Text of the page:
Better Prep

Posted by Lynton Web Team on Thu, Feb 10, 2011

My favorite sales planning guy is Sun Tzu, the noted Chinese warrior who revolutionized the science and art of warfare and created many of today's formal aspects of waging battle. Still taught at West Point, General Tzu's The Art of War, is an insightful treatise on the benefits resulting from careful planning in warfare. By the way, this is also a great book for your sales managers to read as background material as they set out to create their 2011 sales plans.

2,600 years ago Sun Tzu wrote, "The general who wins a battle makes many calculations in his temple before the battle is fought. The general who loses a battle makes but few calculations beforehand. Thus do many calculations lead to victory, and few calculations to defeat; how many more do no calculations at all! It is by attention to this point that I can foresee who is likely to win or lose."

Seems so simple, and yet we meet far more generals and warriors, (make that sales managers and salespeople) who do not plan out their upcoming quarter than we meet salespeople who do go through the six basic steps to effectively plan their sales strategies and tactics out more than a week or two.

Sure, everyone knows their key annual and quarterly quota objectives, and everyone has those one or two "other" KPIs for such things as increasing their number of new accounts or increasing their number of qualified calls and so on. But too often, that's all we see in a typical sales plan: a few quota numbers, a couple of objectives, and that's it.

And yet, the math from our five years of research on this is brutally clear on this: Those companies whose salespeople commit to detailed quarterly tactical plans are 30% more productive than companies whose salespeople do what we call "Big Bullet Plans". Big Bullet Plans have lofty goals, no meat, no metrics and superficial comments such as "Follow up regularly every other week"- a totally worthless tactic, which is why there's a much better way to do real-world, tactical-rich sales planning.

1. Keep it Simple

A tactical plan should be brought down to simple, easy-to-use formats that move quickly from segmenting the market down to where the rubber hits the road in detailed robust tactics that are going to move the needle. Five or six steps at the max, but always driving to the lowest common denominator of details that connect the dots and allow a sales warrior to be able to answer the question of "What exactly am I going to do make that 90 day objective?"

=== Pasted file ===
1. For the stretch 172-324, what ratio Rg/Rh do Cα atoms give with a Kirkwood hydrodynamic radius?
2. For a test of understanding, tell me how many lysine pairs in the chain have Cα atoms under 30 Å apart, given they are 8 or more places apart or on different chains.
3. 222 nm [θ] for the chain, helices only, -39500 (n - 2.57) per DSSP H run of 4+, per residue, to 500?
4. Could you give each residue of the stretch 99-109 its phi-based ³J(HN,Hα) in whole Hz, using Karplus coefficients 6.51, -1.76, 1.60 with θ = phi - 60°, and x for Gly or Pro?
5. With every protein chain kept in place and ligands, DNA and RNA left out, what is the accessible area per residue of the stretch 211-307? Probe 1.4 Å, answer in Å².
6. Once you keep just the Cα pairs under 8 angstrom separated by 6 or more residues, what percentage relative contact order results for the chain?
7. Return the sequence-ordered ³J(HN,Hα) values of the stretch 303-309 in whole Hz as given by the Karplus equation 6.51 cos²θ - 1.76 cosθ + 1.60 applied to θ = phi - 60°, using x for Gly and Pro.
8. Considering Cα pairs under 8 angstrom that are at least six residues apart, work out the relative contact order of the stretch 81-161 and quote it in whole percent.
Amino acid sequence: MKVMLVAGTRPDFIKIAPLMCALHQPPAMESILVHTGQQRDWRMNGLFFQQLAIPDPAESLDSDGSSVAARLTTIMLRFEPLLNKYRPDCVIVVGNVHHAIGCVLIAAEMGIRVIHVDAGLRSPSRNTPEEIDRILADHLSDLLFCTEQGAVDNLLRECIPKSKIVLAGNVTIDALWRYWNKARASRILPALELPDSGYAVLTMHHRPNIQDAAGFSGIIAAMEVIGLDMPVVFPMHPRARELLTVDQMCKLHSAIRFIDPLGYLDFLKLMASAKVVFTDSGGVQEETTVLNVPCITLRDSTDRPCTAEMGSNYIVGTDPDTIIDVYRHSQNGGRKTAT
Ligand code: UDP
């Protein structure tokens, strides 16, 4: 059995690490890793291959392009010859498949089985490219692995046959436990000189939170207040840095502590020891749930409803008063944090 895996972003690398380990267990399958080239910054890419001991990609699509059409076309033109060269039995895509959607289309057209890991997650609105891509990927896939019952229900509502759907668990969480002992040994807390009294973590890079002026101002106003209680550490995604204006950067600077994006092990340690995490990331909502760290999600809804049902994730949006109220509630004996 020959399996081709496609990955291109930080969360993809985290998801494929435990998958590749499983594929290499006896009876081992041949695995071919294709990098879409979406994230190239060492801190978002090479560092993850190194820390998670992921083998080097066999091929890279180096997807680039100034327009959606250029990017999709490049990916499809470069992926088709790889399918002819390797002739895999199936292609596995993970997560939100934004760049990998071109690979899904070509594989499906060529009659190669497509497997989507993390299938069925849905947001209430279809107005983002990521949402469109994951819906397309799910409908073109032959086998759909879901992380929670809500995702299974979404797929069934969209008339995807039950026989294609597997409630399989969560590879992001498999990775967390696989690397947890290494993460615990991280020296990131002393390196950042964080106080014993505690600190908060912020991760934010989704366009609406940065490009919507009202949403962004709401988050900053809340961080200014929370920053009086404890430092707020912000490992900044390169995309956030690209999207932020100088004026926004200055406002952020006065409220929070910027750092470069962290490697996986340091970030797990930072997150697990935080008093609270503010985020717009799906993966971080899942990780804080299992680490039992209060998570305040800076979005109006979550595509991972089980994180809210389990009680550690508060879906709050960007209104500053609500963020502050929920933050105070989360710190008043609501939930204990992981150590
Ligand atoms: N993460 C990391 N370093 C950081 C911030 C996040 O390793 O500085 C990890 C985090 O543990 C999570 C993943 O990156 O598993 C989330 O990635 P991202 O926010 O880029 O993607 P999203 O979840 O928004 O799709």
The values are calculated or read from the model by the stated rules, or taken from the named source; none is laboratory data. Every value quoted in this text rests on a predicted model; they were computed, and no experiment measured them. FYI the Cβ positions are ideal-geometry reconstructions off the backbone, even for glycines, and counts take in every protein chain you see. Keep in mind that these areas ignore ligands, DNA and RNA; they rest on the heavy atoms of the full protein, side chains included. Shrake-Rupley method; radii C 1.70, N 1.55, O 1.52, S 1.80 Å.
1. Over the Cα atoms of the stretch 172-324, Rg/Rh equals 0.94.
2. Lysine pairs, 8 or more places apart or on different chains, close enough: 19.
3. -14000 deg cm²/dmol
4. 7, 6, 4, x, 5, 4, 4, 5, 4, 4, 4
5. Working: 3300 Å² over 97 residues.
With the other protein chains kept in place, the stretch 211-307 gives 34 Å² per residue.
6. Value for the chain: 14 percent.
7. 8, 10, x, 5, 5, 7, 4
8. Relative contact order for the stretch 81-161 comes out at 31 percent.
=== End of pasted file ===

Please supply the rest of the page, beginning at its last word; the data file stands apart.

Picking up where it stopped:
2. Simple is not easy

These tactical plans should encompass preferably only one or at the maximum two quarters in time. Too many opportunities change too frequently if you try to extend further out than one quarter at a time, plus you need to keep your focus on the short term of 10 to 12 weeks.

Having said that, these plans do take concentrated time to think through and complete. Specifically, when they get down to the last two steps of the six steps-defining the top three objectives and the top two or three tactics for each objective- they are not supposed to be easy to do. If they were, then they would be in the normal course of what we do every day. Let me give an example with a key account.

So, let's say you've defined a probable key account. The standard day-to-day follow up tactic would be something like: "Need to follow up weekly with my champion". To us that would be within the normal course of being a professional salesperson. However, in a quarterly sales plan like we're describing here, what we would expect would be a robust tactic such as creating a meeting specifically for the purpose of having you and your CEO meet with the senior team at the prospect to deliver a full presentation on the specific values that your company could deliver by the end of 2011.

3. These are your plans

Although these tactical plans may be requested by your boss, they are created for your own use for the purpose of reviewing your performance. There's a fine line here since obviously they are going to be reviewed, but in order for these plans to be of real value, they need to be personal. Your tactics and comments should reflect your own thoughts as to how you're going to execute your own sales during these 90 days.

To put all of this into perspective, click here Better Sales Plans, and you can see and listen to a brainsharked edition of what we're talking about.

Good Selling!

Head Coach

Tags: sales tools, business tools, business planning, business coaching